Monday, October 24, 2016

Christie pushing back against ex-aide on trial in GWB case

"Saturday Night Live" lampooned the third and final debate between Democrat Hillary Clinton and wacko racist Donald J. Trump, above and below. When Alex Baldwin's Trump used the phrase "bad hombres," Kate McKinnon's Clinton declared she had won "Trump Bingo" ("rapists," "Miss Piggy," "They're all living in hell," and "If she wasn't my daughter").


If I didn't know better, I'd think reporters and columnists at The Record are taking sides in the trial of Governor Christie's ex-aides in the Bridgegate scandal. 

Today's lead story by Dustin Racioppi reports the Intergovernmental Affairs department (IGA) "did not become politicized until" right-hand man Bill Stepien left "and turned over duties to Bridget Anne Kelly" (A-1).

Kelly is on trial in Newark federal court, accused of working with Port Authority officials to block access to the George Washington Bridge as political retribution against Fort Lee's Democratic mayor, who refused to back the GOP bully's reelection in 2013.

That clashes with her testimony, including her claim that her email to David Wildstein, Christie's Port Authority crony -- "Time for some traffic problems in Fort Lee" -- wasn't an "order."

Tarring Kelly

Until today, Bridget Kelly enjoyed several days of being portrayed in flattering terms by Columnist Mike Kelly, who profiled her and then wrote a long piece commenting on her Friday testimony, which he called "her side of the story."

But Racioppi quotes a former head of the state Ethics Commission suggesting an investigation into whether the IGA under Bridget Kelly "conducted political activity during state time, using state resources, using state employees to do it" (A-6).

It's also troubling that Racioppi refers several times to an "investigation" commissioned by Christie that eventually cost taxpayers more than $10 million -- the lead lawyer, Randy Mastro, was charging $650 an hour.

That report was widely viewed as a whitewash of the governor's role in the George Washington Bridge scandal -- confirmed by Kelly and other witnesses who said Christie knew of the lane closures in Fort Lee as they occurred.

As an example of how today's piece amounts to major push-back by Christie, Racioppi quotes Mastro's report as claiming IGA "functioned very effectively during the first three years of the governor's first term, both in terms of responsiveness and non-partisanship" (A-6).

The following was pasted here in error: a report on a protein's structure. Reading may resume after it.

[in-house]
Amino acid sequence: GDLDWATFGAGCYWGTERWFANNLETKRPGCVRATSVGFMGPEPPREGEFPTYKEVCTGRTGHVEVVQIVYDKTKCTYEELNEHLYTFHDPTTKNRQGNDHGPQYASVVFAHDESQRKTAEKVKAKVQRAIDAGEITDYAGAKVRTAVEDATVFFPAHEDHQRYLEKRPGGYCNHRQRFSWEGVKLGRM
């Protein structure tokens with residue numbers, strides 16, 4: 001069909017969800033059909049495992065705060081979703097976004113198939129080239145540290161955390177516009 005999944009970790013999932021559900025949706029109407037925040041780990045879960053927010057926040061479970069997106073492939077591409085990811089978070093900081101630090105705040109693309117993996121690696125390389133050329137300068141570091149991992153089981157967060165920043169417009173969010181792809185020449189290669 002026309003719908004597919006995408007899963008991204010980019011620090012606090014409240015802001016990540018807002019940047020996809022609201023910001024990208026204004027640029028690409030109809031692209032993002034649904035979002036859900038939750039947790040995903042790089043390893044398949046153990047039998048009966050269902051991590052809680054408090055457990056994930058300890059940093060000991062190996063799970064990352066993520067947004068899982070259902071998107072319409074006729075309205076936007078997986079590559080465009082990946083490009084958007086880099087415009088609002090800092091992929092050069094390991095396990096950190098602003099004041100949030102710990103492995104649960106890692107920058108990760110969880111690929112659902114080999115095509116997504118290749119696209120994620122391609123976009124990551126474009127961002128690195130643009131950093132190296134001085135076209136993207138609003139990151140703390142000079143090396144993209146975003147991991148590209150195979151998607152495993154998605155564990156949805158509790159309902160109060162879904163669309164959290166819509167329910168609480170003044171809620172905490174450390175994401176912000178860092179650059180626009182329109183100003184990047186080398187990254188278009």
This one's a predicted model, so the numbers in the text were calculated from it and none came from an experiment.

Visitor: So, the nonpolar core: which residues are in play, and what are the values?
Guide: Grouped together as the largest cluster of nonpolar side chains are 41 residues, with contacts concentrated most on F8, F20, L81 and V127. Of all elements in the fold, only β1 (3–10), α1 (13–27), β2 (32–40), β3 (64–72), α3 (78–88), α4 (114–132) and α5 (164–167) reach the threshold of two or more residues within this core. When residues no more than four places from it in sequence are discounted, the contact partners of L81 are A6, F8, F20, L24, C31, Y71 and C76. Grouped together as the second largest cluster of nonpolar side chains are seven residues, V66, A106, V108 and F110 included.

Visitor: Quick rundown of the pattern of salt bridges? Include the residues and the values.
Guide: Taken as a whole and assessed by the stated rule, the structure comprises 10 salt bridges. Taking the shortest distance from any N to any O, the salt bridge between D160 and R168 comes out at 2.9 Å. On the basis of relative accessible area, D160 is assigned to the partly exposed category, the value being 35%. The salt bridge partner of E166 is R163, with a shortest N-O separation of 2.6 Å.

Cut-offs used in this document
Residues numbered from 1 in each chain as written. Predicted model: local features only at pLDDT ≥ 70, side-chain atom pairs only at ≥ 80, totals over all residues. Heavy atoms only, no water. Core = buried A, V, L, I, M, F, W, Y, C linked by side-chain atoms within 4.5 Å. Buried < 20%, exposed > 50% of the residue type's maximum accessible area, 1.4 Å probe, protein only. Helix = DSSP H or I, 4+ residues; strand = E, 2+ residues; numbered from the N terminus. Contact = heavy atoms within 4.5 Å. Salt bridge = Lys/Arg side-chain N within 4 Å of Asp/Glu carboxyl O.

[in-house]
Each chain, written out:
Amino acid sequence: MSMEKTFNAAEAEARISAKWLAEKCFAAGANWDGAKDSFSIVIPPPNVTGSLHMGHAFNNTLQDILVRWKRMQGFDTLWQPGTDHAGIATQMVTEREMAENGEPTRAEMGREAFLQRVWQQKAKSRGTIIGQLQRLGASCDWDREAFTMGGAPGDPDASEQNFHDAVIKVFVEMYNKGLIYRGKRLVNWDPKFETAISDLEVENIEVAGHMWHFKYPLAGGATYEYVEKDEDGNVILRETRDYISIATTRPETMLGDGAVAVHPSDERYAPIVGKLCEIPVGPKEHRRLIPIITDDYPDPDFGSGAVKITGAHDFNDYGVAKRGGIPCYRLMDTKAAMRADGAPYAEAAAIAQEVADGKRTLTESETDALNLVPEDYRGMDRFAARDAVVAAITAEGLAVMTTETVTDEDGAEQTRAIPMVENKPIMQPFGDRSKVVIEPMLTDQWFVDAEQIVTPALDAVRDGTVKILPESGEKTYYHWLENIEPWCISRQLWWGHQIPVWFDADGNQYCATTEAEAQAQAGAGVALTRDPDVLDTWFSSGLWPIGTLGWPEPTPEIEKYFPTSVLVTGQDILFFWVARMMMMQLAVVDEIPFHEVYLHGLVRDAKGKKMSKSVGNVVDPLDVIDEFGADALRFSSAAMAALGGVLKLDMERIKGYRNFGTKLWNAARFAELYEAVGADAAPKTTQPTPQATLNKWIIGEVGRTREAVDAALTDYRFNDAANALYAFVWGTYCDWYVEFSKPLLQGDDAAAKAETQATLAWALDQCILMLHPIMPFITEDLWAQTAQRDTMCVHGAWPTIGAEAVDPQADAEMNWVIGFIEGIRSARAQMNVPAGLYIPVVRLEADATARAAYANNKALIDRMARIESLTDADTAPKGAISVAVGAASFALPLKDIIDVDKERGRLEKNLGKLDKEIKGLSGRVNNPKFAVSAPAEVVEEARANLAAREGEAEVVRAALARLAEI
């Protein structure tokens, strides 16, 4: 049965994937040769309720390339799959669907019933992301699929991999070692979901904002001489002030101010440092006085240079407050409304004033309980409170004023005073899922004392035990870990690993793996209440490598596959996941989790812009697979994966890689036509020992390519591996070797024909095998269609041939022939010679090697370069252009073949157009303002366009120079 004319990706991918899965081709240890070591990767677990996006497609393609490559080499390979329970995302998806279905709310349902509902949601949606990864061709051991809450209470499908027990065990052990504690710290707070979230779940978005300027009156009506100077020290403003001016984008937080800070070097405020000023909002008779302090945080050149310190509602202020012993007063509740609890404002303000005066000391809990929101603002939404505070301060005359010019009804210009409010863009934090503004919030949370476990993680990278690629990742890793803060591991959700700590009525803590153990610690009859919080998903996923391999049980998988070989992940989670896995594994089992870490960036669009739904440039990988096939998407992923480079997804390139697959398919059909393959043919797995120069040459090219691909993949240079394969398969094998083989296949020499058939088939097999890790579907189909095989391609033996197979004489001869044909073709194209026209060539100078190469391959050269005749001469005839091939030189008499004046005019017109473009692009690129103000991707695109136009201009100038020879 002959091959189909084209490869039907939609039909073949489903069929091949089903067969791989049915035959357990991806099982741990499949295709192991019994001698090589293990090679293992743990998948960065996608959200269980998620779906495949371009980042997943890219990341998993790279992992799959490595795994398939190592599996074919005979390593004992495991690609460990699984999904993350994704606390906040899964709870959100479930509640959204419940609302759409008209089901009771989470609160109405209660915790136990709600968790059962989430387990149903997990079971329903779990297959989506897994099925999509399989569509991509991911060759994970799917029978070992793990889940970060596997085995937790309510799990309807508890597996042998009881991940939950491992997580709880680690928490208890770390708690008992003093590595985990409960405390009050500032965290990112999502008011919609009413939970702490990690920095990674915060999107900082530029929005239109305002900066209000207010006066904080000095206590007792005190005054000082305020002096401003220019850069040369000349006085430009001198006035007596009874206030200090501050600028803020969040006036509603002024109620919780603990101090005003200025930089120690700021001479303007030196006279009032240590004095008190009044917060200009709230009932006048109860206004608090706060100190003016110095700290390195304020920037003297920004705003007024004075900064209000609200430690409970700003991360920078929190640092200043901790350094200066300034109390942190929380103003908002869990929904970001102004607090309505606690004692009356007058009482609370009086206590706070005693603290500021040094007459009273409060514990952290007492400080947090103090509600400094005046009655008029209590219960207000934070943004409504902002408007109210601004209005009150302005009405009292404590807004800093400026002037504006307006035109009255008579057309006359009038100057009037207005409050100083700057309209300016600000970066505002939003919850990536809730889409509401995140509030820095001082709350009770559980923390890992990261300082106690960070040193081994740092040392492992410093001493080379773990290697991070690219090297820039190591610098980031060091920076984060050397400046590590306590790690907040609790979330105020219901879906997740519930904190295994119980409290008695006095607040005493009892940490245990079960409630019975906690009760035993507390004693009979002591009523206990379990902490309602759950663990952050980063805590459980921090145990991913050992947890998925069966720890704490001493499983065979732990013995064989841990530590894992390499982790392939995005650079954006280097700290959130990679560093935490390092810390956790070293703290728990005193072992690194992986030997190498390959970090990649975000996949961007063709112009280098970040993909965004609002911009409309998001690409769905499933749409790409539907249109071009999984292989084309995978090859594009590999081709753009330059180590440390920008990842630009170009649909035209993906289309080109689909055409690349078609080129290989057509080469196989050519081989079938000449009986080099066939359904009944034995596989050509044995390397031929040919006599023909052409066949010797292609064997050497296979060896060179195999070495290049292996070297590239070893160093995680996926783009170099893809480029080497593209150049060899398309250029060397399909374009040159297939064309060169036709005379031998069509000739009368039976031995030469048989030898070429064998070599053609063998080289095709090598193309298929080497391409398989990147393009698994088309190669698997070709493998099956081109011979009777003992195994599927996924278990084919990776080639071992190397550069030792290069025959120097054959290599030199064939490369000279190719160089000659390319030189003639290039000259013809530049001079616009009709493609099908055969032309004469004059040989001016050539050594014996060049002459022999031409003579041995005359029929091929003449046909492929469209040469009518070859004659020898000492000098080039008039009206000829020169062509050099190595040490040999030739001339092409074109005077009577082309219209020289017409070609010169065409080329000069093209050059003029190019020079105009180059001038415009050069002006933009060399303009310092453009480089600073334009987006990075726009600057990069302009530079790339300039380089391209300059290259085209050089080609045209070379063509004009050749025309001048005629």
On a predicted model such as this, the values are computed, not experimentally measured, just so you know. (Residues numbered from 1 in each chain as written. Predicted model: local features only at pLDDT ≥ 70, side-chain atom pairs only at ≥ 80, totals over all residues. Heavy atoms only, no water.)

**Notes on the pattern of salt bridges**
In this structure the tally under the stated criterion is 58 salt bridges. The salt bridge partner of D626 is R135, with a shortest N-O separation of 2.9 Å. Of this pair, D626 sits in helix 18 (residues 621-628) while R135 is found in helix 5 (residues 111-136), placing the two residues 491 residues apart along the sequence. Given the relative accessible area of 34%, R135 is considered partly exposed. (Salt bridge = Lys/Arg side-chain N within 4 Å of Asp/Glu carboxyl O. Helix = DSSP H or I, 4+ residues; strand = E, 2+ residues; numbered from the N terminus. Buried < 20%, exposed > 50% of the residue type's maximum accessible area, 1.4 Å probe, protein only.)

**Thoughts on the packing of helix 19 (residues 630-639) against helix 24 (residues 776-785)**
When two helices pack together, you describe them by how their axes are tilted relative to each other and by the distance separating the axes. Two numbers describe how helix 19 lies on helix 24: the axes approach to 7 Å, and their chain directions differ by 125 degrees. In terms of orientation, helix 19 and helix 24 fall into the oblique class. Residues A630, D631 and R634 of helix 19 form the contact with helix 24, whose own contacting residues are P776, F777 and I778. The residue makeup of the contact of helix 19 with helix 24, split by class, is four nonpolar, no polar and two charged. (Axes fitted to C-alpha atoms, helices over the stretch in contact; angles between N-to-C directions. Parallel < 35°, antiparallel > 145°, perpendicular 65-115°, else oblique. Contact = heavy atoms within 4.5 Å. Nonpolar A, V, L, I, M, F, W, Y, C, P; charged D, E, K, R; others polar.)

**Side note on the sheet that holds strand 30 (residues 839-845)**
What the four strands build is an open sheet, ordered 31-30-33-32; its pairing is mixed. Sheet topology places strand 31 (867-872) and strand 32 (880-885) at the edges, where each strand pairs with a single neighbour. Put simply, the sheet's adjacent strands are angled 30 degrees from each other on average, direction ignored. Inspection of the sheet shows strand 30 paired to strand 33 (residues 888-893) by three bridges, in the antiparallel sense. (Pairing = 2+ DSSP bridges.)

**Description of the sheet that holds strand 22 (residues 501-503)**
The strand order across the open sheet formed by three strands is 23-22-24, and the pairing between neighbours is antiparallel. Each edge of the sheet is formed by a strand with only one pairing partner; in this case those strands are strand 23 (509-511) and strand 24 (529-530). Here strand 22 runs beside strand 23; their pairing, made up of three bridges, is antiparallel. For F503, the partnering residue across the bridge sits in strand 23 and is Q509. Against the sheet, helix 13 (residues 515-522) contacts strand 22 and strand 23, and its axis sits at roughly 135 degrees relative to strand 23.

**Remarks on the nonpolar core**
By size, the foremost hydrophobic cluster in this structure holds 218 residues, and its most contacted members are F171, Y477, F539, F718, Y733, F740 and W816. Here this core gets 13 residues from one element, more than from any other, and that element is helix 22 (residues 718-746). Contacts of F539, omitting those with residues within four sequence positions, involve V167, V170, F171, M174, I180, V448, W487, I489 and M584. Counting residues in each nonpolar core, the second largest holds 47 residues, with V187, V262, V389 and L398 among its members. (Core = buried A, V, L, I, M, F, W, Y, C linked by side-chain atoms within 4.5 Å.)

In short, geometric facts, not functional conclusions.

"But, then, during the governor's reelection year, under [Bridget] Kelly's stewardship, there was aberrational behavior at Kelly's direction," Mastro claimed.

Sunday, October 23, 2016

If reporter was on Bridgegate jury, we'd be in deep doo-doo

This New York Post photo shows Bridgegate trial defendant Bridget Anne Kelly, right, and Governor Christie on Sept. 12, 2013, touring a fire scene in Seaside Heights. 


"Time for some traffic problems in Fort Lee."

This email from Bridgegate defendant Bridget Anne Kelly, then Governor Christie's deputy chief of staff in Trenton, has long been considered the smoking gun in the September 2013 lane closures on the George Washington Bridge in Fort Lee.

Not so fast, says Columnist Mike Kelly, who devotes his entire column on Page 1 of The Record today to "the other side of the story," based on Bridget Anne Kelly's testimony in her own defense on Friday. 

The day before her testimony, the veteran reporter's glowing profile of the defendant also appeared on A-1, declaring:

"[Bridget] Kelly's expected testimony could be one of the most pivotal moments in the bizarre case ...."

Well, I'm glad Mike Kelly isn't on the federal jury or he'd certainly vote for her acquittal.

Bridget Kelly's testimony didn't change the narrative, as the column reports; she is the fourth or fifth witness who said Christie knew about the lane closures as they were happening, despite his denials.

But both Bridget Kelly and the second defendant, former Port Authority Executive Director Bill Baroni, said they were duped by Christie crony David Wildstein at the Port Authority about the reasons for the lane closures.

Wildstein pleaded guilty and testified that about a month after he received Bridget Kelly's email, he put the plot in motion to punish Fort Lee's Democratic mayor for not endorsing the governor's reelection.